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THE Test selectors took their time identifying him but Scott Boland’s selection couldn’t have been more rewarding for all concerned, writes RON REED:

YOU wouldn’t normally outlay a great deal of money for the privilege of watching just 80 minutes of sport – less than a quarter of the advertised offering – in which one vastly superior team inflicts an entirely predictable thrashing on feeble opposition and then heads off for a long lunch and an even longer drink, leaving you to wonder why you didn’t organise something similar.

But whatever it cost to get into the MCG for day three of the third Test, nobody was complaining about being dudded – for what unfolded was one of those “I was there” experiences that will sit in the memory bank until you’ve forgotten what your name is.

For that, we can thank Scotty Boland, because your chances of ever seeing another player produce a performance with quite so many reasons to marvel at it are, to employ a piece of old Australian idiom, Buckley’s or none.

Where do you start?

Well, in a few words, England were not merely put to the sword but humiliated by Australia’s seventh choice fast bowler who completely upstaged what his two most senior colleagues, captain Pat Cummins and Mitchell Starc, had produced less than 12 hours earlier, which according to the sportswriters of both countries was one of the most outstanding double-edged new-ball spells any of them had ever seen.

Those of us who were there back then were happy to file it alongside the electrifying onslaught, also in the late afternoon, by Dennis Lillee against the West Indies in 1981, when his four rapid wickets included the genius Viv Richards being bowled off the last ball of the day.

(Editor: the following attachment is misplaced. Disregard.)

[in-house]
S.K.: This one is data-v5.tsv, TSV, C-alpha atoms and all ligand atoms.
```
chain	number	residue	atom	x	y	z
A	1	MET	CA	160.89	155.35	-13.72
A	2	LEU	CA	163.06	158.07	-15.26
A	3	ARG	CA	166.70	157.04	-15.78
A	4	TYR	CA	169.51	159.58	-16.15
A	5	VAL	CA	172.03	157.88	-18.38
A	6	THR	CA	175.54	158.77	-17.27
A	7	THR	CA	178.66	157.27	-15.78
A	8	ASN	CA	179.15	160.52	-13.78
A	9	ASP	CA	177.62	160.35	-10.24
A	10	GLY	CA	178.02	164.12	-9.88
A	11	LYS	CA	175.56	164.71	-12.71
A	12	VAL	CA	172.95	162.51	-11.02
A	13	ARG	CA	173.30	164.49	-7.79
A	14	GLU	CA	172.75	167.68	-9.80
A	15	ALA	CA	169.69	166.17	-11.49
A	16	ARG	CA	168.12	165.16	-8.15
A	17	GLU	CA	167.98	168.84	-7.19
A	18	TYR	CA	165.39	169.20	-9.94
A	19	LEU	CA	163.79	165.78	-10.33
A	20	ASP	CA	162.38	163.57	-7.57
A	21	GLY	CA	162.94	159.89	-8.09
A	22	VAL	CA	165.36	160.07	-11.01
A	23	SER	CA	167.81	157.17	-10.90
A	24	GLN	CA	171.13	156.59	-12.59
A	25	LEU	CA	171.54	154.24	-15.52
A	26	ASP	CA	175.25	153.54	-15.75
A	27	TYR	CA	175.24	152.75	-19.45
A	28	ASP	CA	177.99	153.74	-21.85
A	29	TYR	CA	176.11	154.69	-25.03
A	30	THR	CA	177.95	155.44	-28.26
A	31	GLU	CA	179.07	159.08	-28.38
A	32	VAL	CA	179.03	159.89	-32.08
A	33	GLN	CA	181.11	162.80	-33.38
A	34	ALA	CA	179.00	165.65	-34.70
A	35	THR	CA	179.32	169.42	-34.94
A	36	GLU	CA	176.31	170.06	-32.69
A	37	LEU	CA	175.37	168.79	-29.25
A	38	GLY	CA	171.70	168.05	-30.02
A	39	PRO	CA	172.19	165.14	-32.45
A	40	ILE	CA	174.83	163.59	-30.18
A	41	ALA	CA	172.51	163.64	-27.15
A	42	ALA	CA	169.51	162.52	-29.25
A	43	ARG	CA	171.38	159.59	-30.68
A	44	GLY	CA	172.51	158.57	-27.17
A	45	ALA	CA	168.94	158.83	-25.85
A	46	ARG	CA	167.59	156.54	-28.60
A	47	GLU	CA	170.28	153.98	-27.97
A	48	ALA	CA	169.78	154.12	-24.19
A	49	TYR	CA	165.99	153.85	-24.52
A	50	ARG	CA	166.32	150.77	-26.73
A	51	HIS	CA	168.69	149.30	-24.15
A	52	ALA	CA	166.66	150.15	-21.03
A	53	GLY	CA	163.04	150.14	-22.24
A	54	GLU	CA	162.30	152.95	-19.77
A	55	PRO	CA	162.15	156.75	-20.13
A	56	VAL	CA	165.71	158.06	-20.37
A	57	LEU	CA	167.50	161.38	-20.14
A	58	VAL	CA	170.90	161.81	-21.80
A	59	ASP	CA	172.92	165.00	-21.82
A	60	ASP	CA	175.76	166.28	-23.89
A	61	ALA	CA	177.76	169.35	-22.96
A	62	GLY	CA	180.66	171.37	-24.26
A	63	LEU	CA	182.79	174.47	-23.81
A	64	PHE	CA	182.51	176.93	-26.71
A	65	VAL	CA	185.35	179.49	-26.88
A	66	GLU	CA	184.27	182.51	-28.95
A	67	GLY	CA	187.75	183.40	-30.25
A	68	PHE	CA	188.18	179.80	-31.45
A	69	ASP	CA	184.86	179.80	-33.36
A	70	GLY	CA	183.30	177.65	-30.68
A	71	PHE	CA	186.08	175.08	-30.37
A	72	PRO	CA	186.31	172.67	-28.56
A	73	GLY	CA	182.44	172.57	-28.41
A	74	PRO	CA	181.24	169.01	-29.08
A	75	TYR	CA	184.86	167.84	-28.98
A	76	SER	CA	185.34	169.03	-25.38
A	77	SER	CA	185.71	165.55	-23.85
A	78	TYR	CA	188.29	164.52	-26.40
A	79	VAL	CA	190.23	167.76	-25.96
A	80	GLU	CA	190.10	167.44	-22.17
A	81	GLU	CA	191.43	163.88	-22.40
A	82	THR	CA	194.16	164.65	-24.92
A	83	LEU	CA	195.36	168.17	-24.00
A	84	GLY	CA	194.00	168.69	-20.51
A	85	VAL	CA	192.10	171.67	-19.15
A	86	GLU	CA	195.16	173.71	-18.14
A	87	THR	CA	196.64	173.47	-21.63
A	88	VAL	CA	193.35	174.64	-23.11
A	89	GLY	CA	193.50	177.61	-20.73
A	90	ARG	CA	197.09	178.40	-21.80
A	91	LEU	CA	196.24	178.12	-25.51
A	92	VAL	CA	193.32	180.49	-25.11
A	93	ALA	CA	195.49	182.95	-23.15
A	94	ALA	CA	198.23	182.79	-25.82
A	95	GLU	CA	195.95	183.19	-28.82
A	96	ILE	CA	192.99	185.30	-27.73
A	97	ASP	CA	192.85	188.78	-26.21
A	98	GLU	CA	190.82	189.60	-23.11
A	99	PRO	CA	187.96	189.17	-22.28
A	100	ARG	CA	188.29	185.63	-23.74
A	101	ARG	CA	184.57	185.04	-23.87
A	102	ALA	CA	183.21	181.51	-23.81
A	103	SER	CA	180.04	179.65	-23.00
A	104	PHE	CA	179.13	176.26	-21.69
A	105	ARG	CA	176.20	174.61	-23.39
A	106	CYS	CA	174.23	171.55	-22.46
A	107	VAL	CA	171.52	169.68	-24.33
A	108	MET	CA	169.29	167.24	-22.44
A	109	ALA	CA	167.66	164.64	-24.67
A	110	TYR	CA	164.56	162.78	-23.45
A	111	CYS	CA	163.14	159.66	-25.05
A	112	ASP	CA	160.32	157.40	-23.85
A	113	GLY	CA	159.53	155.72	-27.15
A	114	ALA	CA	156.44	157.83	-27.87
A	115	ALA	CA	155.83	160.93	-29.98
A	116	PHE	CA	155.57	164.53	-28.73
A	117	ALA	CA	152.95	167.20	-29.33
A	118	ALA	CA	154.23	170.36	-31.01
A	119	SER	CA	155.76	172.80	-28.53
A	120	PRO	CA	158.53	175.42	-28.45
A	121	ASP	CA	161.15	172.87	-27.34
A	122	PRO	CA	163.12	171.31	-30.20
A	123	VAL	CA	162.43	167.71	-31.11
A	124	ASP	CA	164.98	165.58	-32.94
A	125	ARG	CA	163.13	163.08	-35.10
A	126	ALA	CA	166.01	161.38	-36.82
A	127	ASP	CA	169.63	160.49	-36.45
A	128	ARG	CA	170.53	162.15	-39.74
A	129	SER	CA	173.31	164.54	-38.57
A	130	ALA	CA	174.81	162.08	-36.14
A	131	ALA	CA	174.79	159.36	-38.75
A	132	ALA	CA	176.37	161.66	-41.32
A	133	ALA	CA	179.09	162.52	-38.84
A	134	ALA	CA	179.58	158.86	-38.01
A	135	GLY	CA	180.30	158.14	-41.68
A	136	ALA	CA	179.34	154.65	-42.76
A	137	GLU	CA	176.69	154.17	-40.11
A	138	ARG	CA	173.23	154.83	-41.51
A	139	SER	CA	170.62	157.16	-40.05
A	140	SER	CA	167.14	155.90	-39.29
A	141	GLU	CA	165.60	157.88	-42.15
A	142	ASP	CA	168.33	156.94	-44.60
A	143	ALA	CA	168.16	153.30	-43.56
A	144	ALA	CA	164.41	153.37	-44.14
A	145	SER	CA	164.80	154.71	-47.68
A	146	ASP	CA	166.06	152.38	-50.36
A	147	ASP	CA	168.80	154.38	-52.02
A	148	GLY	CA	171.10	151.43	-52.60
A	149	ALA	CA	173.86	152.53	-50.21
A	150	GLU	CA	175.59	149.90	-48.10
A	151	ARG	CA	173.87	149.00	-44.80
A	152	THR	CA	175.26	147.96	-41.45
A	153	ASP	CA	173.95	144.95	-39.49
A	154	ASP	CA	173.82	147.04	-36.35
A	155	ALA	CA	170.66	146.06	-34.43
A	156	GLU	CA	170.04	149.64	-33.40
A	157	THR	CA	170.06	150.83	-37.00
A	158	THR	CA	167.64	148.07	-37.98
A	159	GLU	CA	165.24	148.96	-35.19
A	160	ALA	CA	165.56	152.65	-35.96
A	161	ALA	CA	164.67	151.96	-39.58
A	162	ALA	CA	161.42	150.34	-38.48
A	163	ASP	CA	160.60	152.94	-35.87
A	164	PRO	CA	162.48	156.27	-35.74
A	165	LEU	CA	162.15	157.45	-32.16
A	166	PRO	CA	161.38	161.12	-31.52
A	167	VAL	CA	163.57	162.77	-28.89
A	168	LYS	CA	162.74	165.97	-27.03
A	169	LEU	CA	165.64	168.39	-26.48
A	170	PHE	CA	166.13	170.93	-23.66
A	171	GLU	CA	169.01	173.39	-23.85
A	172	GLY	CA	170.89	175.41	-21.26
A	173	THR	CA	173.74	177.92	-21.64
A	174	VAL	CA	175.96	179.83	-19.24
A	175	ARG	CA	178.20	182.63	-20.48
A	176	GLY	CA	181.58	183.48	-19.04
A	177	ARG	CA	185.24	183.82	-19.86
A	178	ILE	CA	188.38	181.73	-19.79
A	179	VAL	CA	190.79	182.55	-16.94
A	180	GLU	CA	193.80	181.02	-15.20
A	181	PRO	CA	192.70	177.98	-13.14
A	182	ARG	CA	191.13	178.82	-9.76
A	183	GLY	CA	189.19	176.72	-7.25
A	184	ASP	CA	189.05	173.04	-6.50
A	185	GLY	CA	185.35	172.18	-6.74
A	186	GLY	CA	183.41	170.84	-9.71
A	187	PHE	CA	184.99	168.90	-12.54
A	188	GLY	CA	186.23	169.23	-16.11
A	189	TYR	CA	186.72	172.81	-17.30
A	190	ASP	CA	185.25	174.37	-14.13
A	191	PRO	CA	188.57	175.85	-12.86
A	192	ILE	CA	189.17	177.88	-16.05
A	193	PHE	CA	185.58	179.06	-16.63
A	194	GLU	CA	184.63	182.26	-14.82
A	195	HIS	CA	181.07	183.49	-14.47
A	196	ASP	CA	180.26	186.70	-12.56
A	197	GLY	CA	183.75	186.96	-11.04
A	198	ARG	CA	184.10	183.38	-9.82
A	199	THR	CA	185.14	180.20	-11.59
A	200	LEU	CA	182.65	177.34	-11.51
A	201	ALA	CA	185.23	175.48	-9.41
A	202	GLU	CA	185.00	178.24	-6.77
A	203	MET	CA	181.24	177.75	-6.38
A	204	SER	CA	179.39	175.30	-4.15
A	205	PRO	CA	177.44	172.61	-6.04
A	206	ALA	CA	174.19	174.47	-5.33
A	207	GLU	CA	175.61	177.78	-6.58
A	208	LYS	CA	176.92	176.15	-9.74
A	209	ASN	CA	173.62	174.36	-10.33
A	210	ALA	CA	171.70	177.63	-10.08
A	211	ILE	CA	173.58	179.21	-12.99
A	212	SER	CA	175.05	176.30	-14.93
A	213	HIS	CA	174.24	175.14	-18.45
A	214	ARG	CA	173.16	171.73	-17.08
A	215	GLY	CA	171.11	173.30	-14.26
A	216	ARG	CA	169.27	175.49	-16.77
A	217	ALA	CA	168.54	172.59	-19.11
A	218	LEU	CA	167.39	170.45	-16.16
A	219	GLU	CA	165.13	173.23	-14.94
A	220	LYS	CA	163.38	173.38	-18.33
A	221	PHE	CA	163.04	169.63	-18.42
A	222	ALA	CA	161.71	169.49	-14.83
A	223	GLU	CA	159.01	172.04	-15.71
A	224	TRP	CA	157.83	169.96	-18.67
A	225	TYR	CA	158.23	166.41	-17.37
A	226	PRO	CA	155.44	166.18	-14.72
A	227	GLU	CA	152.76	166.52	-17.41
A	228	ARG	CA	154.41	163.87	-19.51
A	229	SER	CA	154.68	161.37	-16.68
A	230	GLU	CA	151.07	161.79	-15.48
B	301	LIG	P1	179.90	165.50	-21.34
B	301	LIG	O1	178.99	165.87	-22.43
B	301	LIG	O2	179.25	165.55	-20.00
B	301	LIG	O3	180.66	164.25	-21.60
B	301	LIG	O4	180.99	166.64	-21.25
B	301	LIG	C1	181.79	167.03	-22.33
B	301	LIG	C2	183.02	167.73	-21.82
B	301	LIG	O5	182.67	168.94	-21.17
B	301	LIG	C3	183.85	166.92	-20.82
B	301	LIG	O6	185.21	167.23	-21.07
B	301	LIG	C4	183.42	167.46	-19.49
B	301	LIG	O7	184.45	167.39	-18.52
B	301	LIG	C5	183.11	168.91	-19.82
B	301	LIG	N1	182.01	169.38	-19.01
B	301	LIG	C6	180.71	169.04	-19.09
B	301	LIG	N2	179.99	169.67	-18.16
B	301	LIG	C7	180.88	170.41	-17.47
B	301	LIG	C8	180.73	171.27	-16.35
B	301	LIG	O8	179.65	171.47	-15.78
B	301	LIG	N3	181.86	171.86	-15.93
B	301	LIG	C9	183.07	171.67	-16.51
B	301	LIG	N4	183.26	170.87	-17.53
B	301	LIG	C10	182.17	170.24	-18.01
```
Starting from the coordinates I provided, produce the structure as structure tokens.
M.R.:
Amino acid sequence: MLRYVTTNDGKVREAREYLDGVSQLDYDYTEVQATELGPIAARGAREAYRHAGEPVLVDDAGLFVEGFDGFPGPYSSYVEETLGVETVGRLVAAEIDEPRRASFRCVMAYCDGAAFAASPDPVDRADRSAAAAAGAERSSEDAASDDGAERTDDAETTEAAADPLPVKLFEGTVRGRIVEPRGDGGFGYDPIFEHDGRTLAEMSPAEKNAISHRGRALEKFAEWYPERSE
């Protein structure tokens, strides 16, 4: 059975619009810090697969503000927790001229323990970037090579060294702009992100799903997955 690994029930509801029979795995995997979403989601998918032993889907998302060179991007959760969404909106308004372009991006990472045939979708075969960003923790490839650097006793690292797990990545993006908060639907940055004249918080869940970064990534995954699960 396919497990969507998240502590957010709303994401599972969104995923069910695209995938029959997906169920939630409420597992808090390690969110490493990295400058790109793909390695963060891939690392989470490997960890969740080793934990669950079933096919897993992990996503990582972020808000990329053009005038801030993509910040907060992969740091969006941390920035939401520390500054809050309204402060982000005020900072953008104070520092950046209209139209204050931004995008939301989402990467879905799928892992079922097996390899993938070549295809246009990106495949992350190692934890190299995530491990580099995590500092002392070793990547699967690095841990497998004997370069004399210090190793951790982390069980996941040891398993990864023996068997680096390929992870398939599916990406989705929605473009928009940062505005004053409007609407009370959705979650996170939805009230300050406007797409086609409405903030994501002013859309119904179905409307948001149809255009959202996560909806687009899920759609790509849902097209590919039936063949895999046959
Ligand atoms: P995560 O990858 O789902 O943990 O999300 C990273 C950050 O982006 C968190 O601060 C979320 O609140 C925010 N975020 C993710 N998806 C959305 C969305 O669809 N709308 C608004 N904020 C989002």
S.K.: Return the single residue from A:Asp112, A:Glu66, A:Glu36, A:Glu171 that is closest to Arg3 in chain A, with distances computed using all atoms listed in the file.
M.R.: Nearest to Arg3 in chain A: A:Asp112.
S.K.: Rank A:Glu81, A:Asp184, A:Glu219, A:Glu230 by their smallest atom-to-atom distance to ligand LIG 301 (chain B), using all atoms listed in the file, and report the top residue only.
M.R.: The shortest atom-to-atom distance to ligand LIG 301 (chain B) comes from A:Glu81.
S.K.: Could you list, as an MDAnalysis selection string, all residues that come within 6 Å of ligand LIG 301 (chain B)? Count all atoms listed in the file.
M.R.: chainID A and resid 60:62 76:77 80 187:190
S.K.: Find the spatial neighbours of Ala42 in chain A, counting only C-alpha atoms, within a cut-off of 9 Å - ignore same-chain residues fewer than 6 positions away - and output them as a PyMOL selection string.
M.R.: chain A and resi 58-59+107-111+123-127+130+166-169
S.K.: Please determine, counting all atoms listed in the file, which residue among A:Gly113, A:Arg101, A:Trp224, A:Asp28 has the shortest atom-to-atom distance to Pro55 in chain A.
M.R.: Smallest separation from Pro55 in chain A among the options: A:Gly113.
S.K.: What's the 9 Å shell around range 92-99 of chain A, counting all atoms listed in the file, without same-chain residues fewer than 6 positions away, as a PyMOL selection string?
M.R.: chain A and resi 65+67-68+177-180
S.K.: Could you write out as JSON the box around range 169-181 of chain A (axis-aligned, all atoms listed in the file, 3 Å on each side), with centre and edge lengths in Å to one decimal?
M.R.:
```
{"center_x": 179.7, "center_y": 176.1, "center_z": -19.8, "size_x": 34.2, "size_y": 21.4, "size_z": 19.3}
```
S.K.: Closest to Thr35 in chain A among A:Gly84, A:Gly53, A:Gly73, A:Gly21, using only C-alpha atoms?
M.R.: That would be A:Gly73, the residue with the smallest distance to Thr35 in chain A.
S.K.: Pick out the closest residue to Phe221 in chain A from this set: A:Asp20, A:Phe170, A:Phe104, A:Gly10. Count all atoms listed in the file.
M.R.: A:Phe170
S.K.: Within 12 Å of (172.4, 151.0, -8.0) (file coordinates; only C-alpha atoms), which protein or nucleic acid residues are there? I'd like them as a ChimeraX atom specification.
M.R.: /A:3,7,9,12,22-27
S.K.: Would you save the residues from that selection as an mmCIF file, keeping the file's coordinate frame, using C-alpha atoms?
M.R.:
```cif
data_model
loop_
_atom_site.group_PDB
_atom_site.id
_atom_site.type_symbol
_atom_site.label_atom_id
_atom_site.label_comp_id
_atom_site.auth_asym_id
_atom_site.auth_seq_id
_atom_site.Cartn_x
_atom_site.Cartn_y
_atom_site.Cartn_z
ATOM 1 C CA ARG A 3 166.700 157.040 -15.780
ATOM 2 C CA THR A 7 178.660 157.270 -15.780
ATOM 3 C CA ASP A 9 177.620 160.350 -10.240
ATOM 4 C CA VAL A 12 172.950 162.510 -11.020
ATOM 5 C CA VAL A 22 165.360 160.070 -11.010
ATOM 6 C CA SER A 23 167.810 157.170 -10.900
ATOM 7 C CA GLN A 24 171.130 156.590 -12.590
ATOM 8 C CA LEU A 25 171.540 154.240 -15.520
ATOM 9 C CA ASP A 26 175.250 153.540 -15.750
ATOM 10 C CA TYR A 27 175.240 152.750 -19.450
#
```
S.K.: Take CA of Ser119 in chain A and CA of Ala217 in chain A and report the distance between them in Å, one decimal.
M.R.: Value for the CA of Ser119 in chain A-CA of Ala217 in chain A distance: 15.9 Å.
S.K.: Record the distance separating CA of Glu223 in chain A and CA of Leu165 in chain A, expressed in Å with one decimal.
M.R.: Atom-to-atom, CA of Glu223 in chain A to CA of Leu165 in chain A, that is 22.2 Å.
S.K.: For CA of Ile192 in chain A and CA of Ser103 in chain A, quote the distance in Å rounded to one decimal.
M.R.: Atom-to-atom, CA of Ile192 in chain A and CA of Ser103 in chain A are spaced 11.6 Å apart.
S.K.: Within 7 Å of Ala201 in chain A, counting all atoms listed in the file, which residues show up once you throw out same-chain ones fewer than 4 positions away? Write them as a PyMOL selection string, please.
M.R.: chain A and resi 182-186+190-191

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Nobody who witnessed that has ever forgotten it – it is part of the great stadium’s folklore, some might even have it as their No 1 great moment.

Boland’s will resonate long and loud for a range of different reasons.

They include his barely-believable analysis, which read like something out of kids’ park cricket – four overs, one maiden, six for seven, his five-for coming in 19 balls, equalling the record held by two others, including England’ Stuart Broad.

It was on debut, it was at his home ground, the MCG, it included the opposition’s one great batsman Joe Root, and it made sure there was no prospect of England throwing any sort of late punch to try to get back into the Ashes fight.

But possibly more meaningful than all of that is his status as only the second male indigenous cricketer- – and fourth of either gender – to play Test cricket, and nothing could be more fitting than that the man of the match award he won is now named the Johnny Mullagh medal in honour of the leader of the pioneering Aboriginal team that toured England 143 years ago.

That aspect couldn’t have been scripted more appropriately and Boland – who toured England with an indigenous team himself a few years ago to educate himself on his forbears –  made no attempt to hide his pride.